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Nigerian President Announces Government Austerity


Protesters walk past a soldier standing guard during a rally against the decision to end fuel subsidies in Nigeria's capital Abuja, January 6, 2012.

Protesters walk past a soldier standing guard during a rally against the decision to end fuel subsidies in Nigeria's capital Abuja, January 6, 2012.

Nigerian President Goodluck Jonathan went on television Saturday to promise that the government will share hardship with ordinary citizens, hit by rising fuel costs.

The president announced that foreign travel of government officials will be reduced to the barest minimum and that salaries, including his own, will be cut by 25 percent.

"On the part of government, we are taking several measures aimed at cutting the size and cost of government, including an ongoing and continuous effort to reduce the size of our recurrent expenditure and increase capital spending," said Mr. Johnson.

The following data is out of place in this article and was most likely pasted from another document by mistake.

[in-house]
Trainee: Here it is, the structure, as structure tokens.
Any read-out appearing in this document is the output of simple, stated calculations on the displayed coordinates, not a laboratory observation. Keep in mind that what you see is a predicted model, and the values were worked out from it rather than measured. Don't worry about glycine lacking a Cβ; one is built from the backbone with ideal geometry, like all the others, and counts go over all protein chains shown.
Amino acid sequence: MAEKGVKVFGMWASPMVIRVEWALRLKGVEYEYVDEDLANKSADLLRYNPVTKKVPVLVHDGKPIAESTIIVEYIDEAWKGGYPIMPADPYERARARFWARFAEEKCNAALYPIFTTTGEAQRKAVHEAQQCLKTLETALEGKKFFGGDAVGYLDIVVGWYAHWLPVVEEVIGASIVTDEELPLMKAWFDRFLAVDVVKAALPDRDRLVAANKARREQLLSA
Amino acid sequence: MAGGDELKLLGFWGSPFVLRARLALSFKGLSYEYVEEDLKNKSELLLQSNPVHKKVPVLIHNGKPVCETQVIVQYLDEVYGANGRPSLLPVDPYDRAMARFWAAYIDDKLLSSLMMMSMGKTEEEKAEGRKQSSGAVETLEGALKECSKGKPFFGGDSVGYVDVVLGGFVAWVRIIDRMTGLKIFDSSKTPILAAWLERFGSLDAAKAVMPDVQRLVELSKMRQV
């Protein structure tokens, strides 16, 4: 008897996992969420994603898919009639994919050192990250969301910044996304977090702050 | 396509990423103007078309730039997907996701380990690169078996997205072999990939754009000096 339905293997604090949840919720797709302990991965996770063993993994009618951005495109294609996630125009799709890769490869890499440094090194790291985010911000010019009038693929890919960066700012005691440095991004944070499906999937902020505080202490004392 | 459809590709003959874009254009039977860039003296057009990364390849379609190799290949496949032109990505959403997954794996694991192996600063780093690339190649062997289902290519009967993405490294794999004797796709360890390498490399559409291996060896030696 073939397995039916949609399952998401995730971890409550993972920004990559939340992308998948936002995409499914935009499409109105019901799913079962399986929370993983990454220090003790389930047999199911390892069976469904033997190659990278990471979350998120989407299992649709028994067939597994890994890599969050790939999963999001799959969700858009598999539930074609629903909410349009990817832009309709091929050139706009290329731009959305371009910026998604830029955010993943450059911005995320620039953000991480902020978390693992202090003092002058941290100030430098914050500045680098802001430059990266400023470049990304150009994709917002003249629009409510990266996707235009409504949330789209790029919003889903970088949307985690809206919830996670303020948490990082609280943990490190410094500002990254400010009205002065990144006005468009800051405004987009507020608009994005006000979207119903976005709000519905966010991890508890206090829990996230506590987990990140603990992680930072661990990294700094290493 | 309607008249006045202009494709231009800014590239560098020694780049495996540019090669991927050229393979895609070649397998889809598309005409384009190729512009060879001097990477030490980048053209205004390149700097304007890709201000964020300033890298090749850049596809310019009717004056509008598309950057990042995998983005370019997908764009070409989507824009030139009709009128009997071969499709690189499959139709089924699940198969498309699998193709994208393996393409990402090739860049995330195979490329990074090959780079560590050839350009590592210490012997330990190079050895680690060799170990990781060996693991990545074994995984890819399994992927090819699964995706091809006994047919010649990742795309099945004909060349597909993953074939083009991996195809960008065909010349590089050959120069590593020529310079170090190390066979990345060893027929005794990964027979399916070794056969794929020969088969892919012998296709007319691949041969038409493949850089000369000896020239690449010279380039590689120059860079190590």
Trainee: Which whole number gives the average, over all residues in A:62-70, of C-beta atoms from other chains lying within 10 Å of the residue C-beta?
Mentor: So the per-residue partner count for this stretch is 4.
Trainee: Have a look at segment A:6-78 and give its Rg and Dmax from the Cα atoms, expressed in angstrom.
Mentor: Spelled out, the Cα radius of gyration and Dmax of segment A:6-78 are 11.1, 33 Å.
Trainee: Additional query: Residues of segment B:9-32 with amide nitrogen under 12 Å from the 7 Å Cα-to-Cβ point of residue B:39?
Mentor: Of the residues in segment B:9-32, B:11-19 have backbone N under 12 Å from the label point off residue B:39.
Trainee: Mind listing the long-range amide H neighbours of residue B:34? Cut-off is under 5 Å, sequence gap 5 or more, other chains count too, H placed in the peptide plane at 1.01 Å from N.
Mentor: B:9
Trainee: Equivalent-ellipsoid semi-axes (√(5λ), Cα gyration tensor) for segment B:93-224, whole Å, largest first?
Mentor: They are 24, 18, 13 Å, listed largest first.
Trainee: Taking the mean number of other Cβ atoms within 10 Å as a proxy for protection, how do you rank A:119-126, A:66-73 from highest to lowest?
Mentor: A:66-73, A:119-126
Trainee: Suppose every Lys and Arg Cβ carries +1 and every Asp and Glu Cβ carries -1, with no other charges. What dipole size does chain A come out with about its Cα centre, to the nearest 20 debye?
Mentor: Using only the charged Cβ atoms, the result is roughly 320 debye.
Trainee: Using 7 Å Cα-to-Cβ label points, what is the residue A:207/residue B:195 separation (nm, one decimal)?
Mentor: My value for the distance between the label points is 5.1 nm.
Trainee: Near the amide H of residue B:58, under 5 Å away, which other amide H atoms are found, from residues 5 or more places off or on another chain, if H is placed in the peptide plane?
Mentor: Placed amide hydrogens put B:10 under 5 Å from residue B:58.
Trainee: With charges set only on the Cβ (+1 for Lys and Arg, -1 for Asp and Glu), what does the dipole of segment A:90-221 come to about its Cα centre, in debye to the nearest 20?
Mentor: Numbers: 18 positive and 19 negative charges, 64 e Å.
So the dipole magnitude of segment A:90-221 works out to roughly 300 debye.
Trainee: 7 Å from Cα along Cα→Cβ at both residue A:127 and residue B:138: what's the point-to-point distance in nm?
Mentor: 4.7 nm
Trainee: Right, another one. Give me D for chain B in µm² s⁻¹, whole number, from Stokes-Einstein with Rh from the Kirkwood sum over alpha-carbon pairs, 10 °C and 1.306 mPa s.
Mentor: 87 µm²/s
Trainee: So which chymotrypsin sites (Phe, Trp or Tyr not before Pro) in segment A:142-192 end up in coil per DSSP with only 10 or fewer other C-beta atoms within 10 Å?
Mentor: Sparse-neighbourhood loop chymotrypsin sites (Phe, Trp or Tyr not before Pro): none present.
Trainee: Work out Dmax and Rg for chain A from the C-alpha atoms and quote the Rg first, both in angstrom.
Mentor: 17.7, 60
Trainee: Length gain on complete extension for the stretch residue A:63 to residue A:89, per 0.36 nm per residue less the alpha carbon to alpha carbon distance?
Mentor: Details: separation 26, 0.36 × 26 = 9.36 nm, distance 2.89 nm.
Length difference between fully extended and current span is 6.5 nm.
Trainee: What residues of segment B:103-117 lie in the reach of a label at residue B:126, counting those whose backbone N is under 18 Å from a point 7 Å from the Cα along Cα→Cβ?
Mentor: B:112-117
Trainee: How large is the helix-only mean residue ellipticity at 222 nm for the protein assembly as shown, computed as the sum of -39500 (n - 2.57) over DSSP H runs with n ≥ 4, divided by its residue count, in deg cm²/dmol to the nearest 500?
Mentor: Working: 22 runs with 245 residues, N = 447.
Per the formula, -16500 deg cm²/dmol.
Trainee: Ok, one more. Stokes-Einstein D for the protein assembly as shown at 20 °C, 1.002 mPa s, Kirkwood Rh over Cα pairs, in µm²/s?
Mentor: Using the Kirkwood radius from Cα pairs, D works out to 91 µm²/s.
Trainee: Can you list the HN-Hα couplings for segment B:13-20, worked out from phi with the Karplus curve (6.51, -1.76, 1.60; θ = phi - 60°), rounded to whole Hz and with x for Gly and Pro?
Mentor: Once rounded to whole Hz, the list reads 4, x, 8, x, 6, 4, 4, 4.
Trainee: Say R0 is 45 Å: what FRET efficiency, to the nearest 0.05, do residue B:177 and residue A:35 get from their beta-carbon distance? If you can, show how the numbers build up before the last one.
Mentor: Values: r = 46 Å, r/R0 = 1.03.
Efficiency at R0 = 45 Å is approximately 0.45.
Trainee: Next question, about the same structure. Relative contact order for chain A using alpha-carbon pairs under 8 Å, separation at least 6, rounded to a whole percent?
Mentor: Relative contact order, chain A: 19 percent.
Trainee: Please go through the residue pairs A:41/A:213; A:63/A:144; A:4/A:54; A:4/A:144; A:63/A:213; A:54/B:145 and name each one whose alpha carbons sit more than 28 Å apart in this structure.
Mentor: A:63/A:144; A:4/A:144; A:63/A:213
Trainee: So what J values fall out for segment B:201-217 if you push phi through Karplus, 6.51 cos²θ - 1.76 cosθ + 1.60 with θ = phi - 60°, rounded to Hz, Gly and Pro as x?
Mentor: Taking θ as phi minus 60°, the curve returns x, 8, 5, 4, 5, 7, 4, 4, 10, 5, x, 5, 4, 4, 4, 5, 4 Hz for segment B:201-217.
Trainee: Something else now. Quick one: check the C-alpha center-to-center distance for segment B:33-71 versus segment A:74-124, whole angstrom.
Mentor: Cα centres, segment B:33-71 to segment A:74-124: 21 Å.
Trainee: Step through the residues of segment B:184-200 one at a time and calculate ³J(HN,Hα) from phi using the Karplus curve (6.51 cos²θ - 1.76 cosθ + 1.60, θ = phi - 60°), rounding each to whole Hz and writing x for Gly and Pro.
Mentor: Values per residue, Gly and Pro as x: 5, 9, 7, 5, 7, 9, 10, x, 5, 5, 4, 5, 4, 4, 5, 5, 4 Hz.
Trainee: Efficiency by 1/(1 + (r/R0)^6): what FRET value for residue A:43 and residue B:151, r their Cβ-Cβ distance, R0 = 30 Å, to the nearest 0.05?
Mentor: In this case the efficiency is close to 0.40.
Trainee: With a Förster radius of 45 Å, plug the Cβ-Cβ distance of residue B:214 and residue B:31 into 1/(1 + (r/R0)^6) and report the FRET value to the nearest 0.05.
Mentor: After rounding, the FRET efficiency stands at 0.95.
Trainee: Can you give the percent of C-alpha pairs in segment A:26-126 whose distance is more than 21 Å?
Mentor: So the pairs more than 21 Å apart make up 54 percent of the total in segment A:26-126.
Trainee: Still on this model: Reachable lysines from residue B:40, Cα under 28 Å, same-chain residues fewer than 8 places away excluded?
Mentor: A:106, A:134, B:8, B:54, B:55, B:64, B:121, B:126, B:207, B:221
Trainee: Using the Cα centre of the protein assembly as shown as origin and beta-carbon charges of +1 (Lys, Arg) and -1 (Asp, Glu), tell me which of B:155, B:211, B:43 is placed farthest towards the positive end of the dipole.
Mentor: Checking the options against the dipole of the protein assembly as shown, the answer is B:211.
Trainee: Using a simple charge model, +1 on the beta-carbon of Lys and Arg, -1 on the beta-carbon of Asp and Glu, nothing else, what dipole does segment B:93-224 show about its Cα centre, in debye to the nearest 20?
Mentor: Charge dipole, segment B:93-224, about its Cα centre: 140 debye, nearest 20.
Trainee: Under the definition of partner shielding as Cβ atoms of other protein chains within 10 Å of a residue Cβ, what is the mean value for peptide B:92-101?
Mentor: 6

The president's address to the nation on the state-run Nigerian Television Authority comes ahead of a planned nationwide strike over spiraling fuel costs. Labor unions have announced indefinite strikes starting Monday.

Prices of gas soared after the government ended fuel subsidies January 1, leading to increased prices of transportation and food.

Angry Nigerians have been protesting in the past week and some of the protest in the capital Abuja have turned violent.

But some economists say the subsidies encouraged corruption.

Nigeria is a large producer of crude oil, but depends largely on imports for fuel because its refineries are in disrepair after years of mismanagement.

Some information for this report was provided by AP, AFP and Reuters.

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